You've kept to writing what you love, and that is what it's all about. I had editors say about my book InSight that who would want to read about a blind woman and a deaf cop. Well, lots of people. So there.

      Go, girl.

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  17. Well done, Polly! You've addressed a situation that nearly all of us who aren't traditionally published would like to see changed. How? That seems to be the question of many who commented above.

    For years I have advocated the creation of a qualified panel/group/multiple groups to examine submitted books from indie writers who value excellence, the purpose of which is to give them (or not) a seal of approval, rather like the one from Good Housekeeping. The books would be judged on all the criteria that makes them stand out from the gigantic slush pile:(characterization, plot, flow, interest, great dialog, grammar, punctuation, etc.). If they earned the seal, they could display it on the cover for all to see that it was a book worth buying and reading. While this is a simplified version of my idea, it never met with much interest when I presented it. But then, it would be quite complicated due to the sheer volume of books that might be submitted, and it could require a large number of qualified, objective "judges" to determine whether a manuscript/book met required standards. Obviously, a fee would need to be involved because the judges couldn't spend day after day reading without compensation. And so on...

    You are quite right that it is a matter of fairness, nothing more and nothing less. And at this moment it certainly is not fair.

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    1. I could have sworn I already answered this, but knowing me these days, I probably forgot to press Publish.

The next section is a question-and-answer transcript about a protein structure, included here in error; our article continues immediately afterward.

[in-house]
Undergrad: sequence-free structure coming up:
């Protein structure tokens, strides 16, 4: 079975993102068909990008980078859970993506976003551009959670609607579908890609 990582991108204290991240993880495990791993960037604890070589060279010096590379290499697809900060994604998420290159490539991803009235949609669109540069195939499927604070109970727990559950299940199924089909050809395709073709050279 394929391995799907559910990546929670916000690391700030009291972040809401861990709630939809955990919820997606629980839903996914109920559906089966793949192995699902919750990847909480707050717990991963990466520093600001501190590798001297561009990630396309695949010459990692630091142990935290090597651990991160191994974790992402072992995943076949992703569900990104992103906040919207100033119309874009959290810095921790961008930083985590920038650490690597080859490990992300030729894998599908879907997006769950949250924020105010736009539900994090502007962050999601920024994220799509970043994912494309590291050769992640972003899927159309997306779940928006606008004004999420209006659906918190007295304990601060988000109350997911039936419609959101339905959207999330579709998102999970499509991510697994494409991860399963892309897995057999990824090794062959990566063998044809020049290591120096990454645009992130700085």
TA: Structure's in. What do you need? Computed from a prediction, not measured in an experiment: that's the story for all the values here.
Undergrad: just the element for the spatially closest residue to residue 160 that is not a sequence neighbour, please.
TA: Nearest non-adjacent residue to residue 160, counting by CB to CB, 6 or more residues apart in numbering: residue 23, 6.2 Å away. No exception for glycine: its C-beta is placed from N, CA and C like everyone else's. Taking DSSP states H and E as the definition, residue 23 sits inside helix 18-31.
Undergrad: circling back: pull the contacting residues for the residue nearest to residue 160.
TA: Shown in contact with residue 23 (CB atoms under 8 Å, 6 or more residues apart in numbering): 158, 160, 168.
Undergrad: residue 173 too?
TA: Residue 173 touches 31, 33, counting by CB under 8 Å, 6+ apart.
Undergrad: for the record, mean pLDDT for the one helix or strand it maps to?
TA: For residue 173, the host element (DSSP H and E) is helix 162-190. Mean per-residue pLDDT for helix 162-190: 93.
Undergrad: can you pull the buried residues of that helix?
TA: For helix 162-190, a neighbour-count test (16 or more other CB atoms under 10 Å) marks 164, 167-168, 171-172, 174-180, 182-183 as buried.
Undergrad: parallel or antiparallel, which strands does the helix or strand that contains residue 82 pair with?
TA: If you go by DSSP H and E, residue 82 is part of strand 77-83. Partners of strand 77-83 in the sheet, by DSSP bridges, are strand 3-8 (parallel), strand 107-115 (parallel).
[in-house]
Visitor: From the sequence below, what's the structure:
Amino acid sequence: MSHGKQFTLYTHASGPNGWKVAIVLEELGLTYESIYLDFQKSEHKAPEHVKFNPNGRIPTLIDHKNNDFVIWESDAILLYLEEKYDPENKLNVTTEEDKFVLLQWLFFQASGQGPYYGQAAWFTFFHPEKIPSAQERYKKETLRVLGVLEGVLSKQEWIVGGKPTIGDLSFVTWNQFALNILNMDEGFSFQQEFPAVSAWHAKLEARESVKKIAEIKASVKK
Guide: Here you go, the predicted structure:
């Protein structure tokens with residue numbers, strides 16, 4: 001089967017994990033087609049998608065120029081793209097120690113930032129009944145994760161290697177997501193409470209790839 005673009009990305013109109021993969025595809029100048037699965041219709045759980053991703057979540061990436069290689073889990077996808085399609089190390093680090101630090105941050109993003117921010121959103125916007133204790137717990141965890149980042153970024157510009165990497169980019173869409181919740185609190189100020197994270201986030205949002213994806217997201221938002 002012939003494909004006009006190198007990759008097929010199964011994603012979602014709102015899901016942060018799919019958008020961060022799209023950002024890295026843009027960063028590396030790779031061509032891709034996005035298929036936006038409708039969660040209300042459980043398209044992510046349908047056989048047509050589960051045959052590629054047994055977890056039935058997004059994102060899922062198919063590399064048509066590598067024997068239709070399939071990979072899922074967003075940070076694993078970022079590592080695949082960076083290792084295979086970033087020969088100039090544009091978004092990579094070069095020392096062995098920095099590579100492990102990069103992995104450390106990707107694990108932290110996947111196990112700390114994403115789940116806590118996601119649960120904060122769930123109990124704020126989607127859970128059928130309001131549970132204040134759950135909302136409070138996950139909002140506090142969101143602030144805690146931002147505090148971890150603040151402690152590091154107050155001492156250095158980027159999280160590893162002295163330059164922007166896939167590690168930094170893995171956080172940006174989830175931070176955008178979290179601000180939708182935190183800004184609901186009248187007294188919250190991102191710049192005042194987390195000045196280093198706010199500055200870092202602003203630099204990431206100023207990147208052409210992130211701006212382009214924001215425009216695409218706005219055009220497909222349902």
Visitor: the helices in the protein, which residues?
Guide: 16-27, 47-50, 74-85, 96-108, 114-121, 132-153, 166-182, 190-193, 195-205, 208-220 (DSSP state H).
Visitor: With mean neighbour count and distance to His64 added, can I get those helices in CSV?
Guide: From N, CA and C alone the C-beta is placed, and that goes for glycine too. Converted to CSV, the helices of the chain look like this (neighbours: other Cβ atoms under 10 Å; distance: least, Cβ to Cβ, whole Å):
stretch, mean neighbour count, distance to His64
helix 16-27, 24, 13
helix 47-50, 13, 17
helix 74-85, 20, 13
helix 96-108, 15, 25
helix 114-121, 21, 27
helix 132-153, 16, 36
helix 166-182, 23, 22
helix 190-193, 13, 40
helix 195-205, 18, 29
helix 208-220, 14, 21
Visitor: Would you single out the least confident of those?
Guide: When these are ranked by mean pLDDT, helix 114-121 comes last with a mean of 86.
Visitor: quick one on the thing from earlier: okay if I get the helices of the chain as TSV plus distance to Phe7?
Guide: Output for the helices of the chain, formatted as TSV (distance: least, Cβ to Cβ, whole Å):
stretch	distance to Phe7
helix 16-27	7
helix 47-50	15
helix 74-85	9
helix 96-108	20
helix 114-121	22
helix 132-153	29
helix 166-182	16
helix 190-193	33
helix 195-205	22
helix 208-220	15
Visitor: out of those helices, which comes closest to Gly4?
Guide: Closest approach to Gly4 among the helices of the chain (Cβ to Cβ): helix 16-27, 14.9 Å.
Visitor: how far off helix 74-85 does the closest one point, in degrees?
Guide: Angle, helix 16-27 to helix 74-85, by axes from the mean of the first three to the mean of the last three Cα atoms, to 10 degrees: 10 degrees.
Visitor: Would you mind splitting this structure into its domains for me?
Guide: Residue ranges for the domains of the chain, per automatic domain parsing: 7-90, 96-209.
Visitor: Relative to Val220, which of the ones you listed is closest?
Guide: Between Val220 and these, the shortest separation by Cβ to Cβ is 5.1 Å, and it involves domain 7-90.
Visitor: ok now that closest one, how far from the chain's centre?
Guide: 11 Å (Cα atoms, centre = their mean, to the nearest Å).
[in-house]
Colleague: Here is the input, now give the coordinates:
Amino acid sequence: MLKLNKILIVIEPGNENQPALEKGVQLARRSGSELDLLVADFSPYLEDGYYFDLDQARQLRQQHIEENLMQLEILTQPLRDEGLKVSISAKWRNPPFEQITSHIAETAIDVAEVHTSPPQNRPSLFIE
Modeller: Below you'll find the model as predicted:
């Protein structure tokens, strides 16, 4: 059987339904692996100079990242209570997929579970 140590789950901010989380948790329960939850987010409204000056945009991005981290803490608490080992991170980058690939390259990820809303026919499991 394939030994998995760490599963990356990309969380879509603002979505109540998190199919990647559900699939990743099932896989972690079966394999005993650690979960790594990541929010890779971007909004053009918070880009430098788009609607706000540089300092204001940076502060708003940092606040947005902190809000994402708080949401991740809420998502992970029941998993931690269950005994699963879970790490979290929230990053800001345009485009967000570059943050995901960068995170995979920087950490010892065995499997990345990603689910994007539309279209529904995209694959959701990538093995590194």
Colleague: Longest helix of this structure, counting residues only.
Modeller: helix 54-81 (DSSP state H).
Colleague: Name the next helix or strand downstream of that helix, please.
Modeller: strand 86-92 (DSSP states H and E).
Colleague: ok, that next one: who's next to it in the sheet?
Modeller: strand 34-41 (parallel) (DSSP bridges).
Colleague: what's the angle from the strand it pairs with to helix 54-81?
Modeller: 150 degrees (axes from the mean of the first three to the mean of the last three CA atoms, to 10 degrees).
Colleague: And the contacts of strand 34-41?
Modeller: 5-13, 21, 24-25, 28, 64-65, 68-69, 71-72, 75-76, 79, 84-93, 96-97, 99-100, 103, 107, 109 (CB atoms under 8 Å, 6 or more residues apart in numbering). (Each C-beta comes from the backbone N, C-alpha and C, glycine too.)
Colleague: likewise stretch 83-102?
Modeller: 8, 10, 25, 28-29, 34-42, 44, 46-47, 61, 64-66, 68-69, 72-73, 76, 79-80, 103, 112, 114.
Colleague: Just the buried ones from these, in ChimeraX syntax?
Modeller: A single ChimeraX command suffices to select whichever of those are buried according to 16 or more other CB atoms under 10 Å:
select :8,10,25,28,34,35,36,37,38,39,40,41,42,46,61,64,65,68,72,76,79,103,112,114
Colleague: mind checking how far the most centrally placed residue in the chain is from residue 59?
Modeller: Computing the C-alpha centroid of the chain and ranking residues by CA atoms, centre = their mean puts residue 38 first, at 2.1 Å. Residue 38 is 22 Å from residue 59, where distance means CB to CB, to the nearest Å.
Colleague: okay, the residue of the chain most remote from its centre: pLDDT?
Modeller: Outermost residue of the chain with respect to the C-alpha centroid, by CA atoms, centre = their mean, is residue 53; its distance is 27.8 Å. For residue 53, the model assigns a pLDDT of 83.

Your solution is a good one, Linda, but doomed to fail for all the reason you mentioned, payment the most prominent. That would likely put the judges' results in the same column of paid reviews or even paid-for publications. I guess for the time being, the best we can do is continue to write good books that can't be overlooked in the marketplace and in readers' views. Thanks for the input. Wish it could come to pass.

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  18. Great post as always, Polly. I was with a small traditional publisher who closed suddenly last year. With a launch party already planned I jumped into the indie publishing pool. One of the most gratifying parts of this journey was the willingness of others to share their resources and also any other tips they'd learned along the way. I love having control over my covers, pricing, product description. I feel my covers and my own team of editors are superior to my previous publisher and many others. But I also feel I have to set a higher standard for my product because I'm indie published. AND PROUD OF IT! I did get on a B'con panel and my latest release was a finalist for both cover art, the Lefty for best humorous mystery and the Falchion for best traditional mystery so things may be changing finally, thanks to early originators like you, Polly.

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    1. Cindy, you've done extremely well and will continue to do so because you're treating your career in a professional manner. I am far from an originator. Many before me blazed the way. I just followed. I had a friend who urged me to self-publish long before I did. I wish I had, but I'm not sure I would have been ready, and those first impressions stay with readers.

      You have carved your own path, and good for you. You're doing much better than I. Don't change a thing.